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Engineering crane (math problem like hell)

  1. Jul 19, 2011 #1
    crane:
    http://tinypic.com/view.php?pic=2ywiidh&s=7

    Lifting:
    http://tinypic.com/view.php?pic=309ok06&s=7

    Determine the length of each chain sling that will hold the transformer, if the safe working load in each sling is not to exceed 150 kN. (H3.1)

    Calculate the maximum stretch in the lifting cable when the transformer is just being lifted off the barge 40 m below the bridge deck (i.e. static load) and the boom is at 60°, using a Ø15 mm steel cable (if young’s Modulus for steel is 210 Gpa’s).

    Calculate the maximum acceleration of the lifting operation, if the maximum breaking stress in the cable was not to exceed 1.867 Gpa’s
    [Remember F = m (g + a)]

    Calculate the pressure in the two hydraulic ram pistons, when the boom is stationary at 45°. The pistons are mounted 3m forward of the boom and 2.12 m up the boom and they have a diameter of Ø100 mm.
     
    Last edited: Jul 19, 2011
  2. jcsd
  3. Jul 19, 2011 #2
    This should really be in homework questions. Also those numbers seem slightly funny to me, the breaking load is too high, but that's what the problem says lets run with it.


    First of all, if this is a cable how will it be loaded? And how do you relate the breaking stress to a force.


    Also is that pic posted the full question? Does it tell you what you are lifting?
     
    Last edited: Jul 19, 2011
  4. Jul 19, 2011 #3
    well the load is carried by slings which each can only carry 150kN and i have no idea this is why i need help revising :S that is the info givin Calculate the maximum stretch in the lifting cable when the transformer is just being lifted off the barge 40 m below the bridge deck (i.e. static load) and the boom is at 60°, using a Ø15 mm steel cable (if young’s Modulus for steel is 210 Gpa’s). with it and its funny to u because im from australia and it stinks here ;l ur lifting a 30 tonne transformer
     
    Last edited: Jul 19, 2011
  5. Jul 19, 2011 #4
    It would help if you posted the full question. There was vital information missing from the OP that is needed to answer it.
    There is also information missing about the exact lifting arrangement. Ie, how the slings carry the load into the cable.

    Also as you've said this is a revision question, we can't just do the working for you, but we will go through the question step by step.
     
  6. Jul 19, 2011 #5
    THANK YOU THANK YOU THANK YOU saving my life im so nervous for exams
     
  7. Jul 19, 2011 #6
    Can you post the full question? With ALL the relevent information you have.
     
  8. Jul 19, 2011 #7
    there thats everything on paper i c infront of me that is all that is givin to me
     
  9. Jul 19, 2011 #8
    There was nothing written about the 30 ton load on the picture you posted, there is also nothing showing how the slings carry the transformer.

    EDIT: I see you've edited the original question, and added some stuff. Is that all of it?
     
  10. Jul 19, 2011 #9
    the 2nd url shows it srry if its a bother im just stressing over exams like hell
     
    Last edited: Jul 19, 2011
  11. Jul 19, 2011 #10
    That's ok, the 2nd link shows the rest of the information that's needed. This may take a while as i'm going to be doing it and asking you the questions i'd be asking myself.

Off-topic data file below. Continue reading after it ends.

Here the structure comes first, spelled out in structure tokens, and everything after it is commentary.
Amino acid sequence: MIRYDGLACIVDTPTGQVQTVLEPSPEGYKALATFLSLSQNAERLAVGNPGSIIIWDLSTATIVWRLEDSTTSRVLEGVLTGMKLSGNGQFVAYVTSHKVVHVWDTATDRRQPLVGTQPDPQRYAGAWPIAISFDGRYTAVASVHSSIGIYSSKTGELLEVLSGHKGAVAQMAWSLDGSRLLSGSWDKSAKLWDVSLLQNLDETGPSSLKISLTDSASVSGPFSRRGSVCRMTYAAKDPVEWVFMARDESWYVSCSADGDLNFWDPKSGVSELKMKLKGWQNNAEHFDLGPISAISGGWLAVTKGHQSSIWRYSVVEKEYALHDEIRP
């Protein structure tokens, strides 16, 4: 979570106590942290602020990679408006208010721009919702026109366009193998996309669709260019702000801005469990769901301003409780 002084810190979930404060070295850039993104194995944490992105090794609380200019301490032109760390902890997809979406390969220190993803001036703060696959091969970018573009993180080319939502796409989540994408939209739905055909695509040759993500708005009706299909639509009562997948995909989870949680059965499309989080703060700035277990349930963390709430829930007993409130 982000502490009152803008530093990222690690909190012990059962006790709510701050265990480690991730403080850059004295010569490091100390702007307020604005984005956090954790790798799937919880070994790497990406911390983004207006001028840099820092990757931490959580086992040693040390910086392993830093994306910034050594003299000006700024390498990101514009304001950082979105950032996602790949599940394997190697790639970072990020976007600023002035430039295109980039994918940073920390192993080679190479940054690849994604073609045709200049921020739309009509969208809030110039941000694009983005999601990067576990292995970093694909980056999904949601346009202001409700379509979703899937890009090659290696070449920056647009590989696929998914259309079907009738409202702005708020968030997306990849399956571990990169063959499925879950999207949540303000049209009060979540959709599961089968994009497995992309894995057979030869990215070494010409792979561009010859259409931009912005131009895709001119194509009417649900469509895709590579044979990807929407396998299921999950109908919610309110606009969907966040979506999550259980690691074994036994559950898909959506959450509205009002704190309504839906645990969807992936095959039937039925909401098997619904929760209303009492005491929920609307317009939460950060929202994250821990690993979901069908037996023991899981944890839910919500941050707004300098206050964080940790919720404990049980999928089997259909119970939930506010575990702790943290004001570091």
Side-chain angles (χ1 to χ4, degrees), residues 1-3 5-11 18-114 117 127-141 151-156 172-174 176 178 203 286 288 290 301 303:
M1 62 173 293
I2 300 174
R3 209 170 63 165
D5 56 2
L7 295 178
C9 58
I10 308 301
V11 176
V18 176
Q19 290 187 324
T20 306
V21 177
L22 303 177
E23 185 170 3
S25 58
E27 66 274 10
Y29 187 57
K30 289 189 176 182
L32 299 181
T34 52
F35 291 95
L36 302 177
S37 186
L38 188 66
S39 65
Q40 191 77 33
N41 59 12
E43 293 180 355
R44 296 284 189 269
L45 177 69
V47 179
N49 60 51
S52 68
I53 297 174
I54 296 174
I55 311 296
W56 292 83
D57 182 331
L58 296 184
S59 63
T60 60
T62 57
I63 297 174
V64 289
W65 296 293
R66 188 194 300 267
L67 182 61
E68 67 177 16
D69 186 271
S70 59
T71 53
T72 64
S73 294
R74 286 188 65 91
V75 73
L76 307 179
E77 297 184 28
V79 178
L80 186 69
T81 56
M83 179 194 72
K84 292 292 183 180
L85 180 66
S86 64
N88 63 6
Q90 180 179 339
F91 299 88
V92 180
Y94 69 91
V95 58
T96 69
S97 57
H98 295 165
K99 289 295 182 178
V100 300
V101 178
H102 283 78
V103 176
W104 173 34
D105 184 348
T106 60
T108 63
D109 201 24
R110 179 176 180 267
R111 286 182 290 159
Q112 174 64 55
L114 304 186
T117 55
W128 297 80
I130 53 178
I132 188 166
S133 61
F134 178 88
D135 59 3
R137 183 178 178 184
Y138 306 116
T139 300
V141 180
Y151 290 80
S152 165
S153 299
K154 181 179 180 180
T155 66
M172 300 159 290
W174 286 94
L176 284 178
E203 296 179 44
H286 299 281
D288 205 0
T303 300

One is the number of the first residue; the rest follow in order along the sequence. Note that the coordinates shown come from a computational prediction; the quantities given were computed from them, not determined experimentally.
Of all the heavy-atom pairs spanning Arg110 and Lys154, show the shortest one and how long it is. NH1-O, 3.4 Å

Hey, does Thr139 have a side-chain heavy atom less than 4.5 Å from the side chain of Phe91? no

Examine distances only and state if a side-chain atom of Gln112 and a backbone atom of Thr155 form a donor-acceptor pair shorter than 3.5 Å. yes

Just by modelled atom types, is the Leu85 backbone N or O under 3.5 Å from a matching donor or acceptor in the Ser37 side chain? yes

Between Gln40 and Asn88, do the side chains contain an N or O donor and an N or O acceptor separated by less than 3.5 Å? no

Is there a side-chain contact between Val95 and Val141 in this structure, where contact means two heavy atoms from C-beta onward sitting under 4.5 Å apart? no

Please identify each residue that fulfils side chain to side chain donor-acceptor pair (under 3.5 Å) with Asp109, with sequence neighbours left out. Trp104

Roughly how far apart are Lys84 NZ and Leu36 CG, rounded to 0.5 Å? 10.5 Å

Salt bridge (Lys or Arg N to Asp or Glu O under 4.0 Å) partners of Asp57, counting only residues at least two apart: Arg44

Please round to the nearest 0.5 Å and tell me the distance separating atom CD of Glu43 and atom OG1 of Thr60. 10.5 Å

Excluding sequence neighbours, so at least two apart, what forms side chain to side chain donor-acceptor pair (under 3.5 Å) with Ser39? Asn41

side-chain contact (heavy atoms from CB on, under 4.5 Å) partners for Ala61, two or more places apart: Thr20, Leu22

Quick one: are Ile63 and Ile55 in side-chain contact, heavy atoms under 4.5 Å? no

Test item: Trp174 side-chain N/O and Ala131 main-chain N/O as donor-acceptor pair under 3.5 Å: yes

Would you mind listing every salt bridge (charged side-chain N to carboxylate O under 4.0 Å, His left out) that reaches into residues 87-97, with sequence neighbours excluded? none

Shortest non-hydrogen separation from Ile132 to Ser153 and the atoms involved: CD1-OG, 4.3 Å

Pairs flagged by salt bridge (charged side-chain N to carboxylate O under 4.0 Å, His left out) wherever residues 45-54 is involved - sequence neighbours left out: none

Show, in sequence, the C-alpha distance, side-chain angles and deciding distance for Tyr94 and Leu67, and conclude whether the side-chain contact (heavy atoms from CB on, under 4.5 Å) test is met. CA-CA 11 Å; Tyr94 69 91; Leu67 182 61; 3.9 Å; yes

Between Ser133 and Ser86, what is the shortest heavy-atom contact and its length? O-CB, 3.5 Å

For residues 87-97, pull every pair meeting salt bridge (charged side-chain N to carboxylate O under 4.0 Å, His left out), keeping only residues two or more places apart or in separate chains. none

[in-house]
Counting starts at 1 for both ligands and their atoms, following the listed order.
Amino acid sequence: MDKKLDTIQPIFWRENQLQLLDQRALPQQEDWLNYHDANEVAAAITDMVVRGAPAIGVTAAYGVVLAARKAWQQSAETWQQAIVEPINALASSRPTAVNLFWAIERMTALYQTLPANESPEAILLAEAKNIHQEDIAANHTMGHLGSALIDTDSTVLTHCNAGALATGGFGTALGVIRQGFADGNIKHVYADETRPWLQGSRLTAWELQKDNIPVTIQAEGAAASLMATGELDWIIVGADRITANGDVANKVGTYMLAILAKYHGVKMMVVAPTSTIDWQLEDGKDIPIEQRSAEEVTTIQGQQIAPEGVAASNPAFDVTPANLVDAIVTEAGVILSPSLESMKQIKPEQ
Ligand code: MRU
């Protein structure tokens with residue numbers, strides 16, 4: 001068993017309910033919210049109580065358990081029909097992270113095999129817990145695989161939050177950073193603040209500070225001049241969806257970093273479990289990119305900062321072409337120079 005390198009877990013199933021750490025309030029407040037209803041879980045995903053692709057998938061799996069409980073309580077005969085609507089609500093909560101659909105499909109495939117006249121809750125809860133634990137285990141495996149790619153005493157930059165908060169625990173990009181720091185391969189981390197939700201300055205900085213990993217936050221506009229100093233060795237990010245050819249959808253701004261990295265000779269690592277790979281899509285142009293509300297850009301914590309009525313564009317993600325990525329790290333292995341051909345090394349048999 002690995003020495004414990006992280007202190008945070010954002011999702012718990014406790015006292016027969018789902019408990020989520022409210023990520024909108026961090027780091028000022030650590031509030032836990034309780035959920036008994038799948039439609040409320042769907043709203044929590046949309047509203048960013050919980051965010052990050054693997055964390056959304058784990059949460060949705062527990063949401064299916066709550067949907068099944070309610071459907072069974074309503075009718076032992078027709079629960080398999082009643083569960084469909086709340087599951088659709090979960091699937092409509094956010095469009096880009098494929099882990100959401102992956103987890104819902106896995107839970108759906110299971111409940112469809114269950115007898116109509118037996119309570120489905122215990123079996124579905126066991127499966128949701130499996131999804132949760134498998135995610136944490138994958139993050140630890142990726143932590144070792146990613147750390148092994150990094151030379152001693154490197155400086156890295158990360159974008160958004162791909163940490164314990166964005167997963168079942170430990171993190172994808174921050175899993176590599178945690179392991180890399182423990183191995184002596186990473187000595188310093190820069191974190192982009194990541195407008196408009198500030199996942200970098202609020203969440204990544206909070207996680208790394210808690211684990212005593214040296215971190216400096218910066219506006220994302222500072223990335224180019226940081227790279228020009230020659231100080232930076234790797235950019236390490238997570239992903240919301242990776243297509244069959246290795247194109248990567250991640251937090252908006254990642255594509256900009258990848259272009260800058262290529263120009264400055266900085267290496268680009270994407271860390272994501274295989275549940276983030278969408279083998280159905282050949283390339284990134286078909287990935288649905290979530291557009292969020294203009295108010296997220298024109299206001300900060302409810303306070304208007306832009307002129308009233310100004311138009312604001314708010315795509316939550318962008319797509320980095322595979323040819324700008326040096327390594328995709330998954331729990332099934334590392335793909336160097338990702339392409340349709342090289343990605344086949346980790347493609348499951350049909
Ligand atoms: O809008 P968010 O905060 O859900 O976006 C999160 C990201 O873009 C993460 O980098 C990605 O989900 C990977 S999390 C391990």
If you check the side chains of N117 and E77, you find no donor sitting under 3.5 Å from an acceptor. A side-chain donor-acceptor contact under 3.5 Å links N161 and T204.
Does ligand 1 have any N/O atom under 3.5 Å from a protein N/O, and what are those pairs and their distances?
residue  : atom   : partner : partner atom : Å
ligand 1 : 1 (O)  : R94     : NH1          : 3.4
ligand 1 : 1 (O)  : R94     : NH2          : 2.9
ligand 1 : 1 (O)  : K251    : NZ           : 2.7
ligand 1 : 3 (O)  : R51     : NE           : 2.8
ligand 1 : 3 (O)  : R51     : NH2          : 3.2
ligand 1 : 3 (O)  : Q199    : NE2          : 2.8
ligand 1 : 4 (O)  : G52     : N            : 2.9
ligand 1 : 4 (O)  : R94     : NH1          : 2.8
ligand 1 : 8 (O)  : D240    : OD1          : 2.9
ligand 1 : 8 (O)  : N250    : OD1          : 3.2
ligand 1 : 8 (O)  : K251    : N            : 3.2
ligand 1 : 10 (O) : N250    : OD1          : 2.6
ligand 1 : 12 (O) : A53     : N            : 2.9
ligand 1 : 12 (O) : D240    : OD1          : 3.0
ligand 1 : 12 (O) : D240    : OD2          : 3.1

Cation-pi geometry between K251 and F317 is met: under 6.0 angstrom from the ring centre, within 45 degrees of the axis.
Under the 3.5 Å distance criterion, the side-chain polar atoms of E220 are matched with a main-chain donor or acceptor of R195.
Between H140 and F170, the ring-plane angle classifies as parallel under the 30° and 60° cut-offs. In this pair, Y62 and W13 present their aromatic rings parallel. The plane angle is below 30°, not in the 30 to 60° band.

Starting from the 1st question.

    1. Determine the length of each chain sling that will hold the transformer, if the safe working load in each sling is not to exceed 150 kN. (H3.1)

    The diagram shows a bridle with 4 chain members going to each corner, with a central lifting point for the main cable.

    What can we assume about the load in each of those 4 members?
    How must each of the members be loaded?

    Hint: you can treat one side as a 2D problem because a beam is used, so there is an angle in 1 direction only.

    If the lifting point are 4m apart, what would changing the length of each member alter?
     
  12. Jul 19, 2011 #11
    yay moments i can do that if a beam is used we could use a 2D diagram so that means because a beam is used and they have to be all equal right? o.o
     
  13. Jul 19, 2011 #12
    Ignore the beam. It's not part of the question so we just assume it's strong enough.
    Also each of the members are flexible like a rope, so we can't transfer any moments. We can only load a rope in one way - tension. Which means the load in the rope must be axial.

    Correct, all the loads in the 4 chains have to be equal. This means we can devide the to total 30 tonne load into 4.

    Draw a FBD/picture of the 2D problem, and from the load we worked out find the tension in the chains for a given angle.
     
  14. Jul 19, 2011 #13
  15. Jul 19, 2011 #14
    Yep, if you pick an angle between the two ropes. You can work out the tension in each member. (As they are symmetrical, you only need to work out one)
     
  16. Jul 19, 2011 #15
    if all equal then 60?
     
  17. Jul 19, 2011 #16
    Although the loads are equal and each length is equal, the angle doesn't have to be 60 degrees. You can have really long members, meaning the angle is less, or really short ones giving a large angle.

    But try working out the tension with angle of 60 degrees. See how that compares to the maximum allowed.

    How would you work it out?
     
  18. Jul 19, 2011 #17
    ugh help? :|
     
  19. Jul 19, 2011 #18
    see i need help with this part 2 :| im so gonna fail </3
     
    Last edited: Jul 19, 2011
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